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Science & Religion

The Evolution of the Stars


When stars are observed they have a number of features such as colour and brightness.

When these two attributes are plotted on a graph most stars tend to lie along a diagonal.

For example they generally go from dull red (cool) stars to bright blue (hot) stars.

As we look at people we see a pattern from being small with smooth skin to large with wrinkled skin.

This pattern is the result of time.

The observed trend with stars from dull red stars to bright blue has also been patterned to represent the aging or "evolution" of the stars as they sweep up Hydrogen from the surrounding space.


Stars are mostly Hydrogen and they shine because their Hydrogen is being fused into Helium by nuclear reactions.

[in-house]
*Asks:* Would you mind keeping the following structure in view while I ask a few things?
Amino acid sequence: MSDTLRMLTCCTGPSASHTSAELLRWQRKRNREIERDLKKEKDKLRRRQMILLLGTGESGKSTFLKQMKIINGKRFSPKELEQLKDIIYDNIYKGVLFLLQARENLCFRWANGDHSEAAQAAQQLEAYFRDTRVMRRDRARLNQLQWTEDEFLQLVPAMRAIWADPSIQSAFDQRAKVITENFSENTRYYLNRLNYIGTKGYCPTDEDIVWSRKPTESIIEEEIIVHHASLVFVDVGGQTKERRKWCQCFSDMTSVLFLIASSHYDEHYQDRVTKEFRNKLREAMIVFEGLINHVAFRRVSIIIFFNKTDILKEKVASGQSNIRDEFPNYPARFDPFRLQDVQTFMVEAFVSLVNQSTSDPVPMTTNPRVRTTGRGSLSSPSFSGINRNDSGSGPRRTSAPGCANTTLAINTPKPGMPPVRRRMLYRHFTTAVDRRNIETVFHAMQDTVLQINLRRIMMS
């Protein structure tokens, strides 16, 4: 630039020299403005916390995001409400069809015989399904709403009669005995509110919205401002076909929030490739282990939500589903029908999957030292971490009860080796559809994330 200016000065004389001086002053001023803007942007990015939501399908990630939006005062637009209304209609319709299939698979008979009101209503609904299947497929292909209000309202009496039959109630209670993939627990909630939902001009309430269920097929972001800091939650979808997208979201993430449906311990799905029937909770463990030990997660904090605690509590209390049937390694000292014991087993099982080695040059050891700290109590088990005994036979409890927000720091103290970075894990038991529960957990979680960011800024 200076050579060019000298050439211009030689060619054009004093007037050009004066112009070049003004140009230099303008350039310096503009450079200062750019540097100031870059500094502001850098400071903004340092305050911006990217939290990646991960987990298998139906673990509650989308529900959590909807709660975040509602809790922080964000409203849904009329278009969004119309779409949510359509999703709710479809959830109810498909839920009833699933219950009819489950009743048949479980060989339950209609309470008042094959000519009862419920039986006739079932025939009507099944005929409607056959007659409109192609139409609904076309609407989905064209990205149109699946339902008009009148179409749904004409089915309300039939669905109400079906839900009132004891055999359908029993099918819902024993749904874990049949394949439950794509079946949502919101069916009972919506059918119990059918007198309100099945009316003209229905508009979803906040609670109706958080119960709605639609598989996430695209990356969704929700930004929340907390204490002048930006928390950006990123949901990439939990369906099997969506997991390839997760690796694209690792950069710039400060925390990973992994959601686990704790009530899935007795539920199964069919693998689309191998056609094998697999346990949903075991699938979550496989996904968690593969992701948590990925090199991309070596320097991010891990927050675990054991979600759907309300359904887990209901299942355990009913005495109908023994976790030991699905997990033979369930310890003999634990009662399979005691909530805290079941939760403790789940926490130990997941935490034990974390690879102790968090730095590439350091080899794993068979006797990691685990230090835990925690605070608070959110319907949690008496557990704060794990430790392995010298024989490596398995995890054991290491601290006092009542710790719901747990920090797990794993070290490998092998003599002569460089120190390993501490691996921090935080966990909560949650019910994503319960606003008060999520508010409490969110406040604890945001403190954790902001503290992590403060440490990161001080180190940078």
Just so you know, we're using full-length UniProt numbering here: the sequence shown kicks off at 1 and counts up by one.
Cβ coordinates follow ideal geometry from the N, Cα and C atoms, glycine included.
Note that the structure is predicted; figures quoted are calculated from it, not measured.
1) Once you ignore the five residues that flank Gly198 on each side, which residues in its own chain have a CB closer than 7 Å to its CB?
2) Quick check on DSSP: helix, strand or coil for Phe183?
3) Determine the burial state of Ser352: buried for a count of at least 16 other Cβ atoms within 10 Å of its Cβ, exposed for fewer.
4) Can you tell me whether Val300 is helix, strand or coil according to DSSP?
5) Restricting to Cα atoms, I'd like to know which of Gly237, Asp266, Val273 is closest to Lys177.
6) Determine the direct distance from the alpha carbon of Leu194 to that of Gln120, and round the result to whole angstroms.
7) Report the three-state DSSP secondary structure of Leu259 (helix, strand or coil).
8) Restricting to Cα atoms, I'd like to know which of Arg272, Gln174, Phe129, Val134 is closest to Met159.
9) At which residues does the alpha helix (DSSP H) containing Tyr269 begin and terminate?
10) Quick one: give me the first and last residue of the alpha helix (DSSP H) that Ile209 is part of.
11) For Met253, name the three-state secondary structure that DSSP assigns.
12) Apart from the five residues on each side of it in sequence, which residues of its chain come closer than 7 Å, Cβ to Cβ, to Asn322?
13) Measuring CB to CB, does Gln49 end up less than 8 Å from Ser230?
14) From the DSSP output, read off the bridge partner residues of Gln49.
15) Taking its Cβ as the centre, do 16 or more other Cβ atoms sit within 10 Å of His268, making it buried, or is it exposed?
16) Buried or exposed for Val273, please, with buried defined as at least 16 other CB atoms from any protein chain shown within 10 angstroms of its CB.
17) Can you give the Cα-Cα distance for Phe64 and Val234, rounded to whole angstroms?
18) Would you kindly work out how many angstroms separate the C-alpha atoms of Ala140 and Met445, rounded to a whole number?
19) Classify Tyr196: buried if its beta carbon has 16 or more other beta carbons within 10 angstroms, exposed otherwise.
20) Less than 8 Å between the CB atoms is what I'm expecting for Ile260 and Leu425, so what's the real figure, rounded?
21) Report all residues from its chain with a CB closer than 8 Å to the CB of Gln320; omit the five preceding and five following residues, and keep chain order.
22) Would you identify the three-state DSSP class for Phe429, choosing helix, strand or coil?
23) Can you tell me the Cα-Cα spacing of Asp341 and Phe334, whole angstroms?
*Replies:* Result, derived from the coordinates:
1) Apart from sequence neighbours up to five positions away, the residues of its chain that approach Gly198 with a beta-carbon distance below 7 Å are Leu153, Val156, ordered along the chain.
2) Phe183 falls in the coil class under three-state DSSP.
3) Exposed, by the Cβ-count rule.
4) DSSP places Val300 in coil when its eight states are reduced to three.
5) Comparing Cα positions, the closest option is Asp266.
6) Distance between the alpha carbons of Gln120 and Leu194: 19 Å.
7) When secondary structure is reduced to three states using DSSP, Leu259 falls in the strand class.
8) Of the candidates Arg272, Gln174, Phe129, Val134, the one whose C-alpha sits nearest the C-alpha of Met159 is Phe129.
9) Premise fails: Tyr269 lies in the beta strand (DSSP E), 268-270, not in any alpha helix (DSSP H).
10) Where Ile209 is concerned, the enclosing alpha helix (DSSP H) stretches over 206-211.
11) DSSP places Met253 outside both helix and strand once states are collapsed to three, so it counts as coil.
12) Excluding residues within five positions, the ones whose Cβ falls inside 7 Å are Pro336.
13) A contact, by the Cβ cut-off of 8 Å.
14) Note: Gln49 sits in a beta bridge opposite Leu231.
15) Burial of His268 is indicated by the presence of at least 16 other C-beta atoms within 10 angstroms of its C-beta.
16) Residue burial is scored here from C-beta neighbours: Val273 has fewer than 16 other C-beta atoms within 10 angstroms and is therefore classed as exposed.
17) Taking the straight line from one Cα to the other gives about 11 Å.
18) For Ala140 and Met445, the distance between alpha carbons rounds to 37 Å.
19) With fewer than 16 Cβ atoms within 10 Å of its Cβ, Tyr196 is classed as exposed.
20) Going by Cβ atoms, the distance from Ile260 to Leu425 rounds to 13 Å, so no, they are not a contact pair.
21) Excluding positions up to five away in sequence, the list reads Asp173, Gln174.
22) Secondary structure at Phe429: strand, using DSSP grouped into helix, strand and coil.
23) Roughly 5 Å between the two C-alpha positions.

However other elements have been detected in "older" stars.

It is thought that as a star uses up its Hydrogen, other elements are formed by fusion as far down the Periodic table as Iron.

Fusion stops at Iron.


A star usually performs a balancing act under the competing pulls of gravity and light pressure.

To form elements such as Uranium and Lead, a star would have to be blown apart in the enormous explosion that we call a "supernova".

The elements found naturally on the Earth that are heavier than Iron must have been formed in one or more supernovae, so the Earth was not formed till after the first "generation" of stars.


Another thing that is observed about stars is their "red shift".

This reflects nuclear events such as the conversion of Hydrogen to Helium.

(Helium was first detected in the Sun before it was discovered on Earth hence its name.)

The colours of the farther stars are seen to be shifted more towards the red.

This shift is thought to represent a physical movement (in much the same way that we can tell if a siren is coming towards us or away from us).

It was suggested that the stars are thus all moving away from each other just as if you painted dots on a balloon and blew it up larger and larger.




Contact: Peter Eyland